What will the next generation of Manhattan look like?
No cars on 42nd Street, for starters, if Vision42 is executed, an initiative for a cross-city pedestrian mall with light rail backed by seven NY elected officials, the Hilton Times Square Hotel and numerous organizations.
This is not just another social cause, it’s a significant economic one. With the overall economic trends of cities gaining in popularity and population, Vision42 recently completed a study concluding that business would grow by 35% to $1.49 billion a year, city and state tax revenue would thus increase by an additional $28 million a year, and property values would rise by $3.5 billion, translating into another $277 million in property tax revenue. This doesn’t reflect the fact that restaurants could also double their seating area into the street (now a pseudo piazza) at no cost, transforming a street and corridor into a place and destination.
The main obstacle? The group wants the City to invest an estimated $360 to $510 million to convert the streets and build a light rail system to connect commuters at the ferry terminals on either side of the street. Frankly, I’m not so sure a light rail system is not more a product of an outdated industrial economy (it’s a 19th century invention with a different skin), being replaced by the ‘just as cool’, flat-to-the-ground, ‘fraction of the cost’, flexible second generation BRT (not those ugly articulated buses aka bus rapid transit), and even ‘STVs’ (‘sports transit vehicles’). You could fund five of these streets with flexible mass transit rather than just one with an inflexible system, five times sooner, and with just as much if not more pizzaz and style.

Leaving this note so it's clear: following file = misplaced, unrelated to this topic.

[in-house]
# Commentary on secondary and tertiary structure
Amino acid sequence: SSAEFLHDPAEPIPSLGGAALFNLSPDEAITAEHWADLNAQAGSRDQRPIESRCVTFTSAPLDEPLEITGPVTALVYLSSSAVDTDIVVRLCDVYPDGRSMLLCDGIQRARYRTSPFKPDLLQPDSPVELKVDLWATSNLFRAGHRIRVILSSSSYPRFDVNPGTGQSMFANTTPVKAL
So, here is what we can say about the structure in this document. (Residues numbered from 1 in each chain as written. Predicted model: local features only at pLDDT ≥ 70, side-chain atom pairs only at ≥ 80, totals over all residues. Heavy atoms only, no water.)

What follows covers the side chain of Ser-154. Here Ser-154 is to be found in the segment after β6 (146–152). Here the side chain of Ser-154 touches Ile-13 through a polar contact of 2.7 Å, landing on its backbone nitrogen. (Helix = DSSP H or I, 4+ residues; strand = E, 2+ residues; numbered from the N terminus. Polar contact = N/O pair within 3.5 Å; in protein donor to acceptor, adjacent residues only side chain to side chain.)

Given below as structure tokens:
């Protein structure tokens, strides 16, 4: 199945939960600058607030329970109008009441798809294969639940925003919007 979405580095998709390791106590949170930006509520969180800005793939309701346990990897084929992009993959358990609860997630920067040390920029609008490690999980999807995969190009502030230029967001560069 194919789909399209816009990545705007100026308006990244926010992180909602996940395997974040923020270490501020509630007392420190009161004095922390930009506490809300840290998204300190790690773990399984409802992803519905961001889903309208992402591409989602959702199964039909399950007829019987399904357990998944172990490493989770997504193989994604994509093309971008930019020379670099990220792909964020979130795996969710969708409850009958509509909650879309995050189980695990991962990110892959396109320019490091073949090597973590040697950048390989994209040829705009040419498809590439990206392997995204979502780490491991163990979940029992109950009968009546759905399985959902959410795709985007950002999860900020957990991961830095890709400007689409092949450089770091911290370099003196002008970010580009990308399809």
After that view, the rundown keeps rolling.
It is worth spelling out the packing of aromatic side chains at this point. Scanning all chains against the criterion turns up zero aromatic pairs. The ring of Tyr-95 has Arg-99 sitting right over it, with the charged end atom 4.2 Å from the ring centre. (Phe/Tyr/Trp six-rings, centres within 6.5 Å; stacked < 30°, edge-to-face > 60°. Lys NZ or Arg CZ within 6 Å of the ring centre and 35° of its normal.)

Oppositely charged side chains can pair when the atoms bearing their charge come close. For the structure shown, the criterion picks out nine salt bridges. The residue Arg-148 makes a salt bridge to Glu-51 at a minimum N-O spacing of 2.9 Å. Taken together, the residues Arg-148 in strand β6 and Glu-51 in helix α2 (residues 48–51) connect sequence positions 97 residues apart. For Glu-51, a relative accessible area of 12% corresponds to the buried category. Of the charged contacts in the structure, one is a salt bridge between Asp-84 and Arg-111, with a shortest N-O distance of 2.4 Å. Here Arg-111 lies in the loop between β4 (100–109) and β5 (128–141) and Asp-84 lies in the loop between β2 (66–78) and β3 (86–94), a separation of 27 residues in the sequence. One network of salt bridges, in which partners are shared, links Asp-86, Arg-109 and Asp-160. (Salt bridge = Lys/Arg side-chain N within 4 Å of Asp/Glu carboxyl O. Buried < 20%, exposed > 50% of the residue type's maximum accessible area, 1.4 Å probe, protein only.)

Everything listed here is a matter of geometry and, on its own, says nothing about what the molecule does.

…but the bus is still not as cool as rail. Light rail is simply easier, faster and more pleasurable.
Have you ever ridden a BRT? It is so far from “just as cool” as one could be. There is BRT planned for New York. It’s putting an articulated bus (keep in mind these busses have the same 2 foot aisles that all busses have today) and putting it on a bus lane. This does not bring the same level of development because it’s not cool. 5 of them aren’t cool. They aren’t comfortable, and they never bring what is promised by the ideal BRT. Streetcars and light rail, however, is pretty cool. And people actually like it, which really seperates it from a bus. So enough of the BRT bull.
Thanks David, Louis, that helped me clarify the entry, and the fact that the ‘just as cool’ link wasn’t working, which showed what modern BRT looks like.
Yes, you’re both absolutely right – there’s ultra-uncool, old school BRT which are basically ugly, conventional, articulated buses. However, I’m talking about the second generation, 21st Century, sleek European BRTs that look like this, except they aren’t confined to rails (or the costs associated with it). The knowledge economy is about flexibility, and fixed rails are anything but. There are tracks yes, but they’re painted on the street and electronically read by the vehicle. Now that’s pretty cool stuff.
Check out this video of riding on BRT in Vegas, which isn’t even as slick as the ones in Europe.